Jon Landau, Oscar-Winning ‘Titanic’ and ‘Avatar’ Producer, Dead at 63

Jon Landau, the Oscar-winning producer who worked with director James Cameron on blockbusters Titanic and two Avatar movies, died of cancer on Friday, as Variety reports. He was 63.

Landau’s producing partnership with Cameron yielded three Oscar nominations and a best picture trophy for 1997’s Titanic. The pair also made three of the top four highest-grossing films of all time. In addition to Titanic, the first film ever to gross more than $1 billion globally and currently ranks at Number Four on the top-grossing film list, 2009’s Avatar ranks at Number One and the 2022 sequel, Avatar: The Way of Water, is Number Three. (Avengers: Endgame is Number Two.)

Landau began his film career as a production manager in the 1980s, and moved up the ranks. By age 29, he was named executive vice president of feature film production at 20th Century Fox. He met Cameron while working on True Lies. In 1994, Cameron asked Landau to read a script, then known under the code name “Planet Ice,” which eventually became Titanic. The film went on to win 11 Oscars, including Best Picture.

“I can’t act and I can’t compose and I can’t do visual effects, so I guess that’s why I’m producing,” Landau quipped during his acceptance speech for Best Picture alongside Cameron, which also included Landau thanking a long list of people who helped make the film.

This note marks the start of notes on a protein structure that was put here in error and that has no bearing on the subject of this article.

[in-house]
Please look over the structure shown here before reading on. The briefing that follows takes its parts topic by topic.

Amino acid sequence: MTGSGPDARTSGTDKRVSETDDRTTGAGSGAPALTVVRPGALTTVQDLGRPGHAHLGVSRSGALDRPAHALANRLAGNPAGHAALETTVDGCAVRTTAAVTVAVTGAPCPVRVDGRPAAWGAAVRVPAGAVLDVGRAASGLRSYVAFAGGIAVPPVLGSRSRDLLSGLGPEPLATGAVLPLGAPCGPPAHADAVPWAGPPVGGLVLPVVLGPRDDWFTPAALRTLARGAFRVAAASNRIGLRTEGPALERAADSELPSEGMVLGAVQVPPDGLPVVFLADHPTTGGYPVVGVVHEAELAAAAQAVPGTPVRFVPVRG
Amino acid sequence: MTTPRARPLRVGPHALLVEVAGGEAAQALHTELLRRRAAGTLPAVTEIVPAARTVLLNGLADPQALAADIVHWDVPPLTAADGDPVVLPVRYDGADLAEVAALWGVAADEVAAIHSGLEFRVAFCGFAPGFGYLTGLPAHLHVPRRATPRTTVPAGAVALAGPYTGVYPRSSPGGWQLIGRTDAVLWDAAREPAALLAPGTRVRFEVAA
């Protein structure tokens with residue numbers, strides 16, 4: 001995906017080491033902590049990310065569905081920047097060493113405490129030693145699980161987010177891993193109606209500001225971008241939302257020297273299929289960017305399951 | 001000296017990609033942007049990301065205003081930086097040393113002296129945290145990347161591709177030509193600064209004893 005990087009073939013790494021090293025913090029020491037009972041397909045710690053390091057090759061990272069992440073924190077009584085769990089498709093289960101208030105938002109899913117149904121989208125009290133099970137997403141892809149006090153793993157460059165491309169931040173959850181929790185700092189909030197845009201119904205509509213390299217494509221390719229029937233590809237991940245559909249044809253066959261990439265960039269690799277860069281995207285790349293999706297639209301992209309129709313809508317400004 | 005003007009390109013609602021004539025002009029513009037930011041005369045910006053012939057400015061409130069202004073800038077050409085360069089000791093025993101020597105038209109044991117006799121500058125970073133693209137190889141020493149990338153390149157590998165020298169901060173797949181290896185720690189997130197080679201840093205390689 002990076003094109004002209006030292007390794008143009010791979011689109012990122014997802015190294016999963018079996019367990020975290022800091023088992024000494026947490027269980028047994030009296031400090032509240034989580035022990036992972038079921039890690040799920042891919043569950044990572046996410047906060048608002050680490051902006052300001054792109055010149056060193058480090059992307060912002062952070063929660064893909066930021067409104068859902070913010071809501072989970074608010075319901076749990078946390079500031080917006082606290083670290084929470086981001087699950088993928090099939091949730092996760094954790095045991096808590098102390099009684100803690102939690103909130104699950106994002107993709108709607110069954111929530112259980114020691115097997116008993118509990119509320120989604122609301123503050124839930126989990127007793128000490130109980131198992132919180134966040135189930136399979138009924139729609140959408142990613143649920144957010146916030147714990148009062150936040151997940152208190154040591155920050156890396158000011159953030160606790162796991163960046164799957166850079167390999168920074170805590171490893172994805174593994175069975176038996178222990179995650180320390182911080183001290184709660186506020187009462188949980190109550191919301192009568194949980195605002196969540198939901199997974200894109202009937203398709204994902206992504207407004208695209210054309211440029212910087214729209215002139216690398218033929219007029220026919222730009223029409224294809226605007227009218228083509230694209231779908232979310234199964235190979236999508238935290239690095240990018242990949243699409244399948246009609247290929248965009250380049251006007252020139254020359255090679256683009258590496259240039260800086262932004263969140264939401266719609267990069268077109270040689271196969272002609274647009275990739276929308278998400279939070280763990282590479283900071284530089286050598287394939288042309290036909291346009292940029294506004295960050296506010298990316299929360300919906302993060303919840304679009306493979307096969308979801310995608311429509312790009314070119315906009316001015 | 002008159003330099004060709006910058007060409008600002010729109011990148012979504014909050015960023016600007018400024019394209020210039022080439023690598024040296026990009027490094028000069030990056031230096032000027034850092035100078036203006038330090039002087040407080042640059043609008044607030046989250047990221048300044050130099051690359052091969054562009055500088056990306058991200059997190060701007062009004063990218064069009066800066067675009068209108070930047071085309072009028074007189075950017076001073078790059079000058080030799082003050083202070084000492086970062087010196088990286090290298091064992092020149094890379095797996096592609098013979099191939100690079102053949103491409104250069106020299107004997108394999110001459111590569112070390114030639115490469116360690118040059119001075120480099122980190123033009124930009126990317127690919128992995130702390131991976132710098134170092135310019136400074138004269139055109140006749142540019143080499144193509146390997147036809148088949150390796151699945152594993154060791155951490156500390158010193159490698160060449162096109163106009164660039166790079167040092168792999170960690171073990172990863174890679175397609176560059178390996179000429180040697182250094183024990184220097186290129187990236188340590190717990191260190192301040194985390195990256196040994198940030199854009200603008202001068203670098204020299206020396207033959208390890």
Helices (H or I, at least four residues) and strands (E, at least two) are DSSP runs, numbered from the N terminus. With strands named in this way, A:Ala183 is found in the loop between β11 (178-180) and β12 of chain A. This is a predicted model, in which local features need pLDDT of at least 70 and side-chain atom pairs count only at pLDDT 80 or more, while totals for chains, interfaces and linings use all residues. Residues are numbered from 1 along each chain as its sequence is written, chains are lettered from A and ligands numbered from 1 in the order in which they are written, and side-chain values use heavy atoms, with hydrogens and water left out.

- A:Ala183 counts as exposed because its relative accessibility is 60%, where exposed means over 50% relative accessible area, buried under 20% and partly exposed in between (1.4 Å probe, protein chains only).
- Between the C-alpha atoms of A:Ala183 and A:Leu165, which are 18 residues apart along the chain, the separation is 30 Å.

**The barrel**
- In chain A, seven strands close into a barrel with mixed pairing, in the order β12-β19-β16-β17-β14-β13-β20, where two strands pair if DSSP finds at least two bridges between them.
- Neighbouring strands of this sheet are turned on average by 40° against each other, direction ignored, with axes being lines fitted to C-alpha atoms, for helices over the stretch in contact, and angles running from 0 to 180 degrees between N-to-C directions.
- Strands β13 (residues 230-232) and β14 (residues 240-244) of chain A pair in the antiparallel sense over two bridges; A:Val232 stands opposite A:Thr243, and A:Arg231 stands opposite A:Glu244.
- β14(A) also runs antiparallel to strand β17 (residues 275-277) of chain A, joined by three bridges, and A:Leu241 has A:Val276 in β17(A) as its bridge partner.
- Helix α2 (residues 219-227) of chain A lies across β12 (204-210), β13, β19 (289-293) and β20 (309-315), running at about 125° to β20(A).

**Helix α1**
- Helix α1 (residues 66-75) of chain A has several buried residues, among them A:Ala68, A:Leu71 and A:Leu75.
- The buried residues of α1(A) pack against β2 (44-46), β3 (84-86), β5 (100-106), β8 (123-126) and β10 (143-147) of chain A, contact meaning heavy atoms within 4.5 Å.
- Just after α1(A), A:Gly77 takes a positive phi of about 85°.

Their fruitful partnership continued throughout the last three decades. Landau became a top executive at Cameron’s Lightstorm Entertainment, where he and Cameron shepherded Avatar in 2009; the film remains the top-grossing film of all time.


Prior to Landau’s death, he was heavily involved in the production of the forthcoming Avatar sequels. Cameron’s sci-fi franchise is expected to include five more films.

“Jon was a visionary whose extraordinary talent and passion brought some of the most unforgettable stories to life on the big screen. His remarkable contributions to the film industry have left an indelible mark, and he will be profoundly missed,” Alan Bergman, Disney Entertainment co-chairman, said in a statement on Saturday. “He was an iconic and successful producer yet an even better person and a true force of nature who inspired all around him.”

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